So, I have these questions….
And these are not new questions, or questions unique to me. I see my little sister struggle and explore these questions on her facebook almost daily, and I know my other sisters do as well, although they don’t facebook it as much. I know my grandfather and grandmother were responding to these questions when they started protesting, as white middle class protestants, in Brisbane in the 70s, against the endemic racism towards indigenous people (and many other things.) I know I, and the others I know who struggle with these questions, feel weighed down by the sheer hopeless depression. And the guilt. And, well, the bigness of the whole problem.
Social justice is a big issue. It’s so easy to get drawn into politics, and do-gooding, and self righteousness. It’s so easy to absorb ‘fixing things’ and ‘fixing people’ as part of your identity, and how you define yourself. But then you lose what you’re actually trying to do, and it stops being about changing the wrongs, and starts being about self promotion and making sure everyone agrees that you’re right. Then you become another Great White Saviour (in the best case scenario) or one of those white people who becomes outraged that the black people don’t appreciate your ‘help’ and you’ll start yelling ‘reverse racism’ and becoming even more offensive because those ungrateful black people didn’t hail you as a hero for speaking the obvious.
And what if you’re just an ordinary, quiet, mainstream sort of person, with a stable job, two kids in school, a fairly predictable life, and a nagging sense that things are really quite badly wrong, and no idea what to do about it? A lot of the time we just don’t know. And I think that’s really where we need to start.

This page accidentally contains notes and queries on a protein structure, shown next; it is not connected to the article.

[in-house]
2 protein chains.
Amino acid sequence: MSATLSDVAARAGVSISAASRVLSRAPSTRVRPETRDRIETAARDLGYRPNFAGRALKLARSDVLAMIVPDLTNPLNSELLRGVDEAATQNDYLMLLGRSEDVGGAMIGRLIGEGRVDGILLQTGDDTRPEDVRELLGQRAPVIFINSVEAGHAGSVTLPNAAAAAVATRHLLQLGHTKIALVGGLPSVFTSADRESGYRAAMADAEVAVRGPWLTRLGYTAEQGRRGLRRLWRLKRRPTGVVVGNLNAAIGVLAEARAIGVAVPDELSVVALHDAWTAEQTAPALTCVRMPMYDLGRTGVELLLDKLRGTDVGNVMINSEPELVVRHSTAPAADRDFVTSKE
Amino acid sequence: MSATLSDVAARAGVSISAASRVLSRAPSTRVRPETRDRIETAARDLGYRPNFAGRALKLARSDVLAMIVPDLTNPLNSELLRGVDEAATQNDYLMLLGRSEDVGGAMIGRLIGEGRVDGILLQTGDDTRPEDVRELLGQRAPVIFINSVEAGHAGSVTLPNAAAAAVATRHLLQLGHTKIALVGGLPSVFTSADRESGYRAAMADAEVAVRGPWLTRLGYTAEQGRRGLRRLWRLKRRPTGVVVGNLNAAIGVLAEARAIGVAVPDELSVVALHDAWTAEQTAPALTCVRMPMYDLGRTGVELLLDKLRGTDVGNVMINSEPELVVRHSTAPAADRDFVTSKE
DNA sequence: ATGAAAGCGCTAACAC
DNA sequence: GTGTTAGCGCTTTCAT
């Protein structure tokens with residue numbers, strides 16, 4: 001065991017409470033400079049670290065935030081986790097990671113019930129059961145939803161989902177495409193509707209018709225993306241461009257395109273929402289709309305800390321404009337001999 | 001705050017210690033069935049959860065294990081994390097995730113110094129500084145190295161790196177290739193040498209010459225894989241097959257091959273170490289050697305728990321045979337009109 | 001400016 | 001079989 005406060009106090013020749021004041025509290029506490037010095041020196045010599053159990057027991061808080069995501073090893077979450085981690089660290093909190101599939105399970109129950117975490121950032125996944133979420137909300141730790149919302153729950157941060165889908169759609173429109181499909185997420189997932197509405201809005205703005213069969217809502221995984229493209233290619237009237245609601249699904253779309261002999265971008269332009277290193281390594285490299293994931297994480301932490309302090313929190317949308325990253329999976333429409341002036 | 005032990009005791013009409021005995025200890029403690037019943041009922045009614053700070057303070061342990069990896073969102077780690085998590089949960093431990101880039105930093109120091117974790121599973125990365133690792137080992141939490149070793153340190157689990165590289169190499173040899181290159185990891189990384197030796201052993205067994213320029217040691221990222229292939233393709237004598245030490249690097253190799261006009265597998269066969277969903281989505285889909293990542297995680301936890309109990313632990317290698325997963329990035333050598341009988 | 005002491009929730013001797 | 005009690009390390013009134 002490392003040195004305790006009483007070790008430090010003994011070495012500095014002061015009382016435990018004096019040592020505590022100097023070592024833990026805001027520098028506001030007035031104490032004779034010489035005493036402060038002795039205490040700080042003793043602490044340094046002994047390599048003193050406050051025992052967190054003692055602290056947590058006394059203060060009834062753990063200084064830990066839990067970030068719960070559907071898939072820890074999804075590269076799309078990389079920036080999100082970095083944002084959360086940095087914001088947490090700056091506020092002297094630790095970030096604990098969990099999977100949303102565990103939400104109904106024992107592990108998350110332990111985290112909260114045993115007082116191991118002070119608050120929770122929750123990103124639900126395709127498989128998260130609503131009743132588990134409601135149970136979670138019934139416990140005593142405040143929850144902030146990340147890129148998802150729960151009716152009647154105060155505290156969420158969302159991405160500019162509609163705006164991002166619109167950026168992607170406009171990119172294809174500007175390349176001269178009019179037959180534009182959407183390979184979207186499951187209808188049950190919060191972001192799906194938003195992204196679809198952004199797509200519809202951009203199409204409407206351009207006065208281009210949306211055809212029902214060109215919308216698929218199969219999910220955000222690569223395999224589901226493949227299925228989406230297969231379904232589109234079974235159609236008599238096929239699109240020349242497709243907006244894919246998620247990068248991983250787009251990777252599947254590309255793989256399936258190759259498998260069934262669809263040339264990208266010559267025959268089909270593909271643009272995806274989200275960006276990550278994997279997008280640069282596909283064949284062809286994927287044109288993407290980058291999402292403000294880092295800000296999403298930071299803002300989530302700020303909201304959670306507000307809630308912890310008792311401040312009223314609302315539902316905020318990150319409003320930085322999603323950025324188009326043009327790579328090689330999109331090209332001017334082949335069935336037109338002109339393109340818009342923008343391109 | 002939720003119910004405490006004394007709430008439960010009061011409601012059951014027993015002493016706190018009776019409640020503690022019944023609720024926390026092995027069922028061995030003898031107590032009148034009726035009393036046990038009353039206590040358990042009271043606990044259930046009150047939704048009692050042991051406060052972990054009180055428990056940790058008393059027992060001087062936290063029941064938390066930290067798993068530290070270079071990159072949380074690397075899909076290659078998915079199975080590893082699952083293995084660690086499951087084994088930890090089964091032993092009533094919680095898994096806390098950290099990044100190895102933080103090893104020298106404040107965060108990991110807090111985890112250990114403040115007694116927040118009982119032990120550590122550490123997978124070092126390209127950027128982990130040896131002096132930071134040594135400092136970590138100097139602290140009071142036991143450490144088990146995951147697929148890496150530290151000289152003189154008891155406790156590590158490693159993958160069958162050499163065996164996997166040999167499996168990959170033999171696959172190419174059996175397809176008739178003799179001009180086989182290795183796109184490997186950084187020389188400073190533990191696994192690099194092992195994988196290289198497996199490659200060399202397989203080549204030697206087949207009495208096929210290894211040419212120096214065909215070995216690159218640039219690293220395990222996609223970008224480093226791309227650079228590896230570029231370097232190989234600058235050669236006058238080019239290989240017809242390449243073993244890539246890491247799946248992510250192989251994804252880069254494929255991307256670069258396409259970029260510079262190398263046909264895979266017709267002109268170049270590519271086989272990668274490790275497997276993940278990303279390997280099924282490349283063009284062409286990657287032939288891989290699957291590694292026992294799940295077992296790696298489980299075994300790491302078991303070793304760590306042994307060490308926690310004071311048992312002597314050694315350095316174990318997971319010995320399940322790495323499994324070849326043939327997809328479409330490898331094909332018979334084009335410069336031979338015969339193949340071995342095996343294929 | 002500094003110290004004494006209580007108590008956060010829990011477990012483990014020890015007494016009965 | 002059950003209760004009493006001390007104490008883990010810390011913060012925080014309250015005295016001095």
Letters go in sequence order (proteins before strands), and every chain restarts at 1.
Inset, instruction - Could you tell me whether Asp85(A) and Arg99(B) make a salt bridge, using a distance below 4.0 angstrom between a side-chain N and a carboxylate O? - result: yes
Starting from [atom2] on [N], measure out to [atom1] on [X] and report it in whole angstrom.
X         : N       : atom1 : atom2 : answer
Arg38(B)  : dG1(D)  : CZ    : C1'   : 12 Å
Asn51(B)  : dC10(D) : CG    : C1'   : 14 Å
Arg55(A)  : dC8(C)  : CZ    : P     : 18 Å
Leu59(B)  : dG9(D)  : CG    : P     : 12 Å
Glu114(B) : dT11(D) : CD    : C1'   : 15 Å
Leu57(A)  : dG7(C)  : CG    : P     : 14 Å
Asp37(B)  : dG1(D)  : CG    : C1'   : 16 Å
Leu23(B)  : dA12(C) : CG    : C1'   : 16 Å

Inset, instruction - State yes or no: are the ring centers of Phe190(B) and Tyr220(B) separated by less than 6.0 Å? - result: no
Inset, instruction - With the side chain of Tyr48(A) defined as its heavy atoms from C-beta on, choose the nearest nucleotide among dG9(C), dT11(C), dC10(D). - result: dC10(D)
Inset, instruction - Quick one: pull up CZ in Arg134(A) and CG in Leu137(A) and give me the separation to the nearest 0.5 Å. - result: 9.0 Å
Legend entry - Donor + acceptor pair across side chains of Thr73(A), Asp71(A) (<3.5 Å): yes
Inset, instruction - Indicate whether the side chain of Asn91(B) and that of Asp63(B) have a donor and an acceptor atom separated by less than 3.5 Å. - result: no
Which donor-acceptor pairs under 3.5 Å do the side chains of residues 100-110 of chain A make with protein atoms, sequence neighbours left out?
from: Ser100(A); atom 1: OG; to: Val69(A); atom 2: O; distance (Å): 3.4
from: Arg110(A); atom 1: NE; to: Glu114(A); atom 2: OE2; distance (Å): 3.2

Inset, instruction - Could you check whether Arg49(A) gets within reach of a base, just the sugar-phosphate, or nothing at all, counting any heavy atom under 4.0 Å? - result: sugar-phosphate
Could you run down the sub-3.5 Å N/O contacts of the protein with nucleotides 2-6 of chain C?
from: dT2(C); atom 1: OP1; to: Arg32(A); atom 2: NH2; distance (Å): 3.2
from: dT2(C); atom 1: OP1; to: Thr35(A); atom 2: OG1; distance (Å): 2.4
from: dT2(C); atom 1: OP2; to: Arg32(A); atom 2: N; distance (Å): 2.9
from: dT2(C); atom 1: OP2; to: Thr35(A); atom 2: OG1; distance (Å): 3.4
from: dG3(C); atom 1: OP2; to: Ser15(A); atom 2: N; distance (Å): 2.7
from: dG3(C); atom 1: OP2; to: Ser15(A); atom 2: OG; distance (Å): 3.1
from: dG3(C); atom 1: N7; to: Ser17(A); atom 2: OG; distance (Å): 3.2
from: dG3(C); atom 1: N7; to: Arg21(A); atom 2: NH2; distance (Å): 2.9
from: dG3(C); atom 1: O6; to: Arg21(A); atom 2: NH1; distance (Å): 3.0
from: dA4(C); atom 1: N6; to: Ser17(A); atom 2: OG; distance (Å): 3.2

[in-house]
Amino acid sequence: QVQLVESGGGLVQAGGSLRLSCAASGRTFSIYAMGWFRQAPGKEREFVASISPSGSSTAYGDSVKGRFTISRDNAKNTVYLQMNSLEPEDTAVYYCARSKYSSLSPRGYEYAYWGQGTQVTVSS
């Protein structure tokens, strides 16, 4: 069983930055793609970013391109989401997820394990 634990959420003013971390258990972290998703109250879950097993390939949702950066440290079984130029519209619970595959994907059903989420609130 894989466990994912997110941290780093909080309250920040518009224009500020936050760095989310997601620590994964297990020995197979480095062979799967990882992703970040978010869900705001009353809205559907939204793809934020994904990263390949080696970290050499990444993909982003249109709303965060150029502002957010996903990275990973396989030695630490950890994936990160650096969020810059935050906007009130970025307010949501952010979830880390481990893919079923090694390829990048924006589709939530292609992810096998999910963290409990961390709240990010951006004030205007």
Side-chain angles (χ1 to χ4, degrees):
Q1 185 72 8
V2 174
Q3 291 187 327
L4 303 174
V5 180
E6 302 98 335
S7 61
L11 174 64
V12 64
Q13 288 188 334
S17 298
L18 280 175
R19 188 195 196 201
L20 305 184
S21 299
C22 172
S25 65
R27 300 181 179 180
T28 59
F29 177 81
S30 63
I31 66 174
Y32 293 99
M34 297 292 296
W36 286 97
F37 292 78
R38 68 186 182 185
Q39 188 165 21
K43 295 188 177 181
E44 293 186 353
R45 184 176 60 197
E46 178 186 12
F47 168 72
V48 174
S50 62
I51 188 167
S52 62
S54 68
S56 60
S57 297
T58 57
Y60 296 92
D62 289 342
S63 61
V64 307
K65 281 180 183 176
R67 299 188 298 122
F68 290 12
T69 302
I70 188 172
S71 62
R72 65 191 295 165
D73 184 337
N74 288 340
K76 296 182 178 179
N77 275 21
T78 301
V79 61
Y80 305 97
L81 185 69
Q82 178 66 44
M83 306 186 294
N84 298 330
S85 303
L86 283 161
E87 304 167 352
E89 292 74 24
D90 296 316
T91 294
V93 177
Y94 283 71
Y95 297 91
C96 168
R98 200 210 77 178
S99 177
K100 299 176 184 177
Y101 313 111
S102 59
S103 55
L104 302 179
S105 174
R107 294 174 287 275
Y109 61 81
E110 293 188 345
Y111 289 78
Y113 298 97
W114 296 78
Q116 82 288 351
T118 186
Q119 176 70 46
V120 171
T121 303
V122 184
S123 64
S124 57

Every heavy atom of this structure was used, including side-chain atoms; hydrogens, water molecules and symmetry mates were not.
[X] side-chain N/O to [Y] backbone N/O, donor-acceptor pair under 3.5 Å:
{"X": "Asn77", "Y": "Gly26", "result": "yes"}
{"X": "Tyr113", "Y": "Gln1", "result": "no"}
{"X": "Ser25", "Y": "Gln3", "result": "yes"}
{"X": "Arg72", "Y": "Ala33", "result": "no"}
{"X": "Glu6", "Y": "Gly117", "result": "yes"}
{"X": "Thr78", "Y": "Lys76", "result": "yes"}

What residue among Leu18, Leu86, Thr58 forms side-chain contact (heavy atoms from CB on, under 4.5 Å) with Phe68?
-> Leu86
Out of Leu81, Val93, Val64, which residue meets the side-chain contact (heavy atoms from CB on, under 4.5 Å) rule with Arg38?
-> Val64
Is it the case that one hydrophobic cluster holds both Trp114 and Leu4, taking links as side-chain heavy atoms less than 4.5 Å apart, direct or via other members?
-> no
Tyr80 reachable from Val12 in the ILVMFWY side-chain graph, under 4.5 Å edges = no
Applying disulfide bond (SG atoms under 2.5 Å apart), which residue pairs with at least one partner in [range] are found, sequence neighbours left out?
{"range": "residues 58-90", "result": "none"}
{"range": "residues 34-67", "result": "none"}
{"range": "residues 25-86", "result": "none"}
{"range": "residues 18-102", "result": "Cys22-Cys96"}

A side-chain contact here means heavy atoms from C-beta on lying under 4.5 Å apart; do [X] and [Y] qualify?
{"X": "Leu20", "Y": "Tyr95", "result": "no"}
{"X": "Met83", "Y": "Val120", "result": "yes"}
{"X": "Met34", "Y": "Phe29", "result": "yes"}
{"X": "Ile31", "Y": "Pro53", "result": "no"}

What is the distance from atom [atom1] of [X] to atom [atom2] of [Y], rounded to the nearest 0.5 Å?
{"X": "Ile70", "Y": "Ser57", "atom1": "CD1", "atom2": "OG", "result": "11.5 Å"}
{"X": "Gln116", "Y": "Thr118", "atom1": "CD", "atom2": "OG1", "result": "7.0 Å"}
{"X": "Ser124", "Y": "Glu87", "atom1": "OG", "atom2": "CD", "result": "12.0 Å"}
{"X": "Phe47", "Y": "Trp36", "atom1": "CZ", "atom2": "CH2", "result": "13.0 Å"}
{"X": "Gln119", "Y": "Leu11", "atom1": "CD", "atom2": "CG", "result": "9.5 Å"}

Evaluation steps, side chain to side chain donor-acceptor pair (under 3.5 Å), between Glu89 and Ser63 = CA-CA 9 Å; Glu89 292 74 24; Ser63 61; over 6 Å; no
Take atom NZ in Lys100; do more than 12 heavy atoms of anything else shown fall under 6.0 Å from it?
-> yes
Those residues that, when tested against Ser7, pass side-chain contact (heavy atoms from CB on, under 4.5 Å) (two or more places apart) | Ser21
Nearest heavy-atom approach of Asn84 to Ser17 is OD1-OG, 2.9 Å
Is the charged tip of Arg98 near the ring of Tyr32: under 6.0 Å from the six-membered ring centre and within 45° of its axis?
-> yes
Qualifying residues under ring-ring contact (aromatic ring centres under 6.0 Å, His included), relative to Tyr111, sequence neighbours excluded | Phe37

The last thing any dispossessed, disenfranchised, hurt, angry & wounded person (withe generations and generations of unthinkable injustices behind them) is for their oppressor (don’t wince, be honest) to walk up to them with a beatific smile, and say ‘I know how you feel.’ We actually don’t. We actually have no idea. No matter how many black friends, family, lovers, children, bosses, politicians, teachers, or vague, shadowy ‘aquaintances’ I have, I will never know how it feels. It’s time we stop saying that. In fact, we need to stop talking altogether. We really have done enough of that. We actually need to sit down, not talk, and listen.
Unfortunately, this does mean we’re going to hear some stuff we won’t like. We are going to be told off. We’re going to have to look at some ‘normal’ and ‘ordinary’ things that we do that are really quite offensive.(The reason we don’t think of those things as being offensive is because they’re not happening to us.) We’re going to get called names quite a bit, probably for quite a while. (Don’t forget, we’ve been calling names for a lot longer, and those names have been much worse.) We’re going to have to cope with anger, fear, rage, shame, grief, and many other very powerful emotions being directed at us. And then, we’re probably going to have to say sorry.
Now, don’t get all cranky over this. You won’t exactly be apologising for what your great-great grandfather may or may not have done to someone else’s great-great grandmother. You can’t fix that, but you can acknowledge it was wrong. You’ll mostly be apologising for what you do. You won’t realise, until you actually ask those neighbours or friends or lovers, what you actually do, every day, without even noticing. Once you ask them, and actually listen, you’ll learn why you need to apologise. And you won’t be able to help yourself, you’ll apologise without hesitating, and you’ll mean it.
This still doesn’t answer my questions. If I found the answer, I’d know I was wrong. There isn’t really an answer, and there’s definitely no quick fix. It’s going to take generations of white people who try to listen, and try to change, and teach their kids the truth, and generations of black people who put up with us while we do this, and extend graciousness and forgiveness to us along the way. And apologies if I offended anyone, or didn’t quite get it right….I’m not trying to speak for anyone, just clumsily trying to figure out how I, as one person, can do a little better.